(87,093

)

 

 

(87,093

)

Issuances of common stock

 

1,700

 

4,251

 

27,831

 

 

 

 

 

32,082

 

Share-based compensation (See Note 1)

 

 

 

 

 

10,087

 

 

 

 

 

10,087

 

Balance at March 31, 2006

 

405,087

 

$

1,012,719

 

$

3,994,628

 

$

625,283

 

$

(114,039

)

$

5,518,591

 

 

See Notes to Consolidated Financial Statements

 

6



 

XCEL ENERGY INC. AND SUBSIDIARIES
NOTES TO CONSOLIDATED FINANCIAL STATEMENTS (UNAUDITED)

 

In the opinion of management, the accompanying unaudited consolidated financial statements contain all adjustments necessary to present fairly the financial position of Xcel Energy Inc. and its subsidiaries (collectively, Xcel Energy) as of March 31, 2006, and Dec. 31, 2005; the results of its operations and changes in common stockholders’ equity for the three months ended March 31, 2006 and 2005; and its cash flows for the three months ended March 31, 2006 and 2005. Due to the seasonality of Xcel Energy’s electric and natural gas sales, such interim results are not necessarily an appropriate base from which to project annual results.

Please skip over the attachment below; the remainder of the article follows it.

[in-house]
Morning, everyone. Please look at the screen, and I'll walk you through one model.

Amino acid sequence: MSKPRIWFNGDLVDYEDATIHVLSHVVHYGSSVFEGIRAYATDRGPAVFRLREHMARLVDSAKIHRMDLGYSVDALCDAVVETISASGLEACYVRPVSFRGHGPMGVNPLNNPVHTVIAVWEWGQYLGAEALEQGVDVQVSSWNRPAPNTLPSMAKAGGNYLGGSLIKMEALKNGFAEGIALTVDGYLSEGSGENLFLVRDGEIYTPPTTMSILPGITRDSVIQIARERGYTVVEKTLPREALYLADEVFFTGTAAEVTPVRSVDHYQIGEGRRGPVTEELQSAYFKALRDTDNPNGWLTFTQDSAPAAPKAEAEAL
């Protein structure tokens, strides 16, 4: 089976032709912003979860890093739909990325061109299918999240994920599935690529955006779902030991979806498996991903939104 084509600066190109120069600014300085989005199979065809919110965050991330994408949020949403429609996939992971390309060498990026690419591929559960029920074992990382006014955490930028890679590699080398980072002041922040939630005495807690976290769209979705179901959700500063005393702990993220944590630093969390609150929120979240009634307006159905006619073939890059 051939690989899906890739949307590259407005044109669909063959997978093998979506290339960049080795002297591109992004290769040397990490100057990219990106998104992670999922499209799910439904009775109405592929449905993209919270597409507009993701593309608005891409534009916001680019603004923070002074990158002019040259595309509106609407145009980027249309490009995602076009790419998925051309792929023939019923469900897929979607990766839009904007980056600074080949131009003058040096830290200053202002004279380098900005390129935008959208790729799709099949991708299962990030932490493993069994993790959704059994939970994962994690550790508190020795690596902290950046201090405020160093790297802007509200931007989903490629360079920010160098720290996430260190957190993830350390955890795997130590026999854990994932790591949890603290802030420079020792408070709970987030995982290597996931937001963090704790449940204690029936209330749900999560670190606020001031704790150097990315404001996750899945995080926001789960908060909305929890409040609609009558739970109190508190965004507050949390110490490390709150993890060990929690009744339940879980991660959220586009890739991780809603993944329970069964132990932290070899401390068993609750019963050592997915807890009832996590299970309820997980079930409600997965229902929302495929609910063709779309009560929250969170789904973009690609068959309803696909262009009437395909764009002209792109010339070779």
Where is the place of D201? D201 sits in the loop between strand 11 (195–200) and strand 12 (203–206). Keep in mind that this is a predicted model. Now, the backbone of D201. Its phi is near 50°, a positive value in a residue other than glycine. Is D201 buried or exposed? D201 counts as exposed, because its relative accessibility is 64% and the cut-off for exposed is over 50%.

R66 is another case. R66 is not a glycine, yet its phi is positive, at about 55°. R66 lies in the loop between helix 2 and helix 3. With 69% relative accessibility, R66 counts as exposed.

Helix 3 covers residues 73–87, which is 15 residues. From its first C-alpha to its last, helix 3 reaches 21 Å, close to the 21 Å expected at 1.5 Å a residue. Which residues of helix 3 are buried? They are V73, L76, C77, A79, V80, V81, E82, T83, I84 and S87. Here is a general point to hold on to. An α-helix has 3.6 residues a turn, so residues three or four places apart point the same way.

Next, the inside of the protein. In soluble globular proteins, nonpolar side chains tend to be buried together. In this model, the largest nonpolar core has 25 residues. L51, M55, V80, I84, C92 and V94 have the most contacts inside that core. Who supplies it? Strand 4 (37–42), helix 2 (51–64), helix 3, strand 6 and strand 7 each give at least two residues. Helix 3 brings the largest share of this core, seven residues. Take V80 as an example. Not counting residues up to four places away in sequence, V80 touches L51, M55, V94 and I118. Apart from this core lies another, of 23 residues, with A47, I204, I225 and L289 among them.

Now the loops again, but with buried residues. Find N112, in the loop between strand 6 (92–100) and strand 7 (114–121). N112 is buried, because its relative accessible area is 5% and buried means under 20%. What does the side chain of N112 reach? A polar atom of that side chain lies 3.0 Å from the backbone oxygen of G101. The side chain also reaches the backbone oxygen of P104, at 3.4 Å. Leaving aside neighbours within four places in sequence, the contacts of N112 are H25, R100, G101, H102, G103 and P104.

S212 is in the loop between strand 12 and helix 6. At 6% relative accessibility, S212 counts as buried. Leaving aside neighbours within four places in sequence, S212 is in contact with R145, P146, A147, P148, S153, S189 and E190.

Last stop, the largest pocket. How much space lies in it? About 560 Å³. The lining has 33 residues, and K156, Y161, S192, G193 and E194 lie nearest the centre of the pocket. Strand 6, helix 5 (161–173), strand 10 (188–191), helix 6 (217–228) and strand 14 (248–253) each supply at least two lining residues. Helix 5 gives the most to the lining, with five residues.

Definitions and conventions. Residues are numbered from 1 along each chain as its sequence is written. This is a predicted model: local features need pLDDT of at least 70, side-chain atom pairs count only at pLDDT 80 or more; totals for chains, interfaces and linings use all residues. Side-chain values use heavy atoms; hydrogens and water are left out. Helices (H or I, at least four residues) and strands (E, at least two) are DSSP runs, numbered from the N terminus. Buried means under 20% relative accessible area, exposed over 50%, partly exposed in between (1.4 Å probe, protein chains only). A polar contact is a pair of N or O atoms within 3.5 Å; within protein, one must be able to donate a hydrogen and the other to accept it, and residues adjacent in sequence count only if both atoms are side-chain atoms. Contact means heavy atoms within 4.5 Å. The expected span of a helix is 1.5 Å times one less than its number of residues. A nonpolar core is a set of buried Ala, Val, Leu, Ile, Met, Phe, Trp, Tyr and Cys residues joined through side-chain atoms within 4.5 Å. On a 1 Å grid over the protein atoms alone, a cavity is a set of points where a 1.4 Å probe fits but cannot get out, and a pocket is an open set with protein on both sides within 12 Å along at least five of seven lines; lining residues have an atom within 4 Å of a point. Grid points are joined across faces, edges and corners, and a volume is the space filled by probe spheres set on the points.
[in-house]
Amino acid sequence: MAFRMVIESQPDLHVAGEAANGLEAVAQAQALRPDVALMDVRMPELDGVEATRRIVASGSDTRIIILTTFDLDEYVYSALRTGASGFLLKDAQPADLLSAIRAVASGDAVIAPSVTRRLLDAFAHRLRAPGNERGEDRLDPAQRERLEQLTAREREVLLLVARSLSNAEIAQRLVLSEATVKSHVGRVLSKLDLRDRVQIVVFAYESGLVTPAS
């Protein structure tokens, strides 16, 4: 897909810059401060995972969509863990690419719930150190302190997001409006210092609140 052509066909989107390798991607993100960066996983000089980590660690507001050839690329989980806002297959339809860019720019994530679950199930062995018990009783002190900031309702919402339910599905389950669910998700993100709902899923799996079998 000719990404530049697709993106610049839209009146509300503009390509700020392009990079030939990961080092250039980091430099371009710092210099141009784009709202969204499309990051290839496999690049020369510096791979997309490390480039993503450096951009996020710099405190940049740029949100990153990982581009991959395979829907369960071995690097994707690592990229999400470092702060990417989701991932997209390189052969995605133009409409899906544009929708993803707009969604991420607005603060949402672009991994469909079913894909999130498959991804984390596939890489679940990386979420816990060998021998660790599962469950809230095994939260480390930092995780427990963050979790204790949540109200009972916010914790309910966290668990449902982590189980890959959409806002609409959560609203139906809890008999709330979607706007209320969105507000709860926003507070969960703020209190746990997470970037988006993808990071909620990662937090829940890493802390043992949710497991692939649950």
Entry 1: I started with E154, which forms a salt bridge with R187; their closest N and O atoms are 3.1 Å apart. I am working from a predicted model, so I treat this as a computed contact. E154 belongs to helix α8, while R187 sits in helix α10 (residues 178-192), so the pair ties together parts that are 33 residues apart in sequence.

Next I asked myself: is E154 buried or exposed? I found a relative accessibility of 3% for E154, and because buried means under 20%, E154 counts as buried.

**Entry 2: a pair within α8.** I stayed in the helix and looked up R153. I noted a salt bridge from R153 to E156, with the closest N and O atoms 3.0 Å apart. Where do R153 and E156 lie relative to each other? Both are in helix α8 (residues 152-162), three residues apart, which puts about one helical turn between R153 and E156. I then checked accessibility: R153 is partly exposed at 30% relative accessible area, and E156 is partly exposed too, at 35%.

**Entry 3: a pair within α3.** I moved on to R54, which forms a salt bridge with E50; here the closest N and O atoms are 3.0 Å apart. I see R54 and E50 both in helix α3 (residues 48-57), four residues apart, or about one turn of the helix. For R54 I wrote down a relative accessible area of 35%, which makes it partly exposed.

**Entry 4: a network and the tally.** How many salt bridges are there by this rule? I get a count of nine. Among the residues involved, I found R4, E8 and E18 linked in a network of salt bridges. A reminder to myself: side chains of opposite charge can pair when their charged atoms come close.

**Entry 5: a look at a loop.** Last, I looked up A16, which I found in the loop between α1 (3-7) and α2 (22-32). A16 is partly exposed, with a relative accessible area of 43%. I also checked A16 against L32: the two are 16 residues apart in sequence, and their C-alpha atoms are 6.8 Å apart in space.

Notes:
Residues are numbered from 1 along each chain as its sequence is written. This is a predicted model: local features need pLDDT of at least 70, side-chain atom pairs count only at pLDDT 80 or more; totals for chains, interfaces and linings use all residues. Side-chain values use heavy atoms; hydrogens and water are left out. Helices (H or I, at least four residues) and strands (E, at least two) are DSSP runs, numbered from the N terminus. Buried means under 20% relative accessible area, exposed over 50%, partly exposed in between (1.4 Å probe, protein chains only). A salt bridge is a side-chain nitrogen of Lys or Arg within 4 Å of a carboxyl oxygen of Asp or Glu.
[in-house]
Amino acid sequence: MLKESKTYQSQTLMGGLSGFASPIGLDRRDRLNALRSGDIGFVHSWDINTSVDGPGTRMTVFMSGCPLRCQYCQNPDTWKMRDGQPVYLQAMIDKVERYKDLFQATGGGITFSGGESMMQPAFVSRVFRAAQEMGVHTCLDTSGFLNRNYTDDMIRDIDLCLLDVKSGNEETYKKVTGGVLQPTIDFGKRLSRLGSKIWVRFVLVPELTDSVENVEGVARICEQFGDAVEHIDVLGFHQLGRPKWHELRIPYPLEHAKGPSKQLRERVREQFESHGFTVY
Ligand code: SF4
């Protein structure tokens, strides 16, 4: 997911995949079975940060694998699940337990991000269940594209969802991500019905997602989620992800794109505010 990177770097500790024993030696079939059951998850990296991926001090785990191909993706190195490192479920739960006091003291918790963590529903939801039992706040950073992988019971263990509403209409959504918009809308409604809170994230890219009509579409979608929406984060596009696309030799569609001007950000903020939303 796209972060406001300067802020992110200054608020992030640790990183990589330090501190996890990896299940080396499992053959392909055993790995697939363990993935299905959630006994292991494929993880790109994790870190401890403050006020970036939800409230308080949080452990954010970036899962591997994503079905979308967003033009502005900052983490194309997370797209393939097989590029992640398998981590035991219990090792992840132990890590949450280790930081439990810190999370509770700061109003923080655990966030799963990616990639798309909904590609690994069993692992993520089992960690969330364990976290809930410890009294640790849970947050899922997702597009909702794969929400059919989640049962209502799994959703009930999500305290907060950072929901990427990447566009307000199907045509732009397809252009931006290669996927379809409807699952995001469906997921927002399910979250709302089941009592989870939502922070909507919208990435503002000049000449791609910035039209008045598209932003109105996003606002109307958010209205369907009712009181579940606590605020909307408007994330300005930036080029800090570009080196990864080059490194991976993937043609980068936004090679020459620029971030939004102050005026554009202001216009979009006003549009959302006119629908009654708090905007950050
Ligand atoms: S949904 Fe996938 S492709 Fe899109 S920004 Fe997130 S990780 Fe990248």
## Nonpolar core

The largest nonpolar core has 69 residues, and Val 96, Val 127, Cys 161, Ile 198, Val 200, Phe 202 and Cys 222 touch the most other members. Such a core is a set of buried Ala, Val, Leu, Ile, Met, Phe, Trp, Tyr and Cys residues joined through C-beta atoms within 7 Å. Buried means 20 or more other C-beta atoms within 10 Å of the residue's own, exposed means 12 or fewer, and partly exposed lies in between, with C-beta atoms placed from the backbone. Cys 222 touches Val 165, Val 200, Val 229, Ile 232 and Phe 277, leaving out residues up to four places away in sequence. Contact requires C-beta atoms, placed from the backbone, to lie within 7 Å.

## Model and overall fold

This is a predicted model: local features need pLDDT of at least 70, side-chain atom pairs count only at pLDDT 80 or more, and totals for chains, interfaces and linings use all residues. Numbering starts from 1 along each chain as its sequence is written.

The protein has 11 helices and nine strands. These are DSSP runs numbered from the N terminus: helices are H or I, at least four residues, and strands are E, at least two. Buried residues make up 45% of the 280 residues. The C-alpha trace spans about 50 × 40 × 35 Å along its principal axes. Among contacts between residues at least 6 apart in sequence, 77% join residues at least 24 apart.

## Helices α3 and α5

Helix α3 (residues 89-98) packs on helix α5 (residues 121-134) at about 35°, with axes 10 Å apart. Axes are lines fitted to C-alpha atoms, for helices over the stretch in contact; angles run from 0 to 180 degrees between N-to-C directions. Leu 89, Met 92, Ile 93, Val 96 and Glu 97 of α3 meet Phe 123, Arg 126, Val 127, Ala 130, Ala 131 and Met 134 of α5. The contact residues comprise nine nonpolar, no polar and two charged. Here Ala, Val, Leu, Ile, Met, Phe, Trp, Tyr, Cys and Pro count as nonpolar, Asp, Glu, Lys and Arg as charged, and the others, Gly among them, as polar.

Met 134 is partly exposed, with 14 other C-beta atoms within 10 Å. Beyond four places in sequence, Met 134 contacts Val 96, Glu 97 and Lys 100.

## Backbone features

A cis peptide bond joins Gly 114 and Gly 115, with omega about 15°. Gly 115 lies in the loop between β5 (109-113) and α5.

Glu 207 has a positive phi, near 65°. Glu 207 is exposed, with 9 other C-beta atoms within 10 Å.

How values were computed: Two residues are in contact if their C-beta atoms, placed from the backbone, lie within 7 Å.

1. Significant Accounting Policies

 

Except to the extent updated or described below, the significant accounting policies set forth in Note 1 to the consolidated financial statements in Xcel Energy’s Annual Report on Form 10-K for the year ended Dec. 31, 2005 appropriately represent, in all material respects, the current status of accounting policies, and are incorporated herein by reference.

 

Statement of Financial Accounting Standards (SFAS) No. 123 (Revised 2004) — “Share Based Payment” (SFAS No. 123R) In December 2004, the Financial Accounting Standards Board (FASB) issued SFAS No. 123R related to equity-based compensation. This statement replaces the original SFAS No. 123 — “Accounting for Stock-Based Compensation.”  Under SFAS No. 123R, companies are no longer allowed to account for their share-based payment awards using the intrinsic value method, which did not require any expense to be recorded on stock options granted with an equal to or greater than fair market value exercise price. Instead, equity-based compensation arrangements will be measured and recognized based on the grant-date fair value using an option-pricing model (such as Black-Scholes or Binomial) that considers at least six factors identified in SFAS No. 123R. An expense related to the difference between the grant-date fair value and the purchase price would be recognized over the vesting period of the options. Under previous guidance, companies were allowed to initially estimate forfeitures or recognize them as they actually occurred. SFAS No. 123R requires companies to estimate forfeitures on the date of grant and to adjust that estimate when information becomes available that suggests actual forfeitures will differ from previous estimates. Revisions to forfeiture estimates will be recorded as a cumulative effect of a change in accounting estimate in the period in which the revision occurs.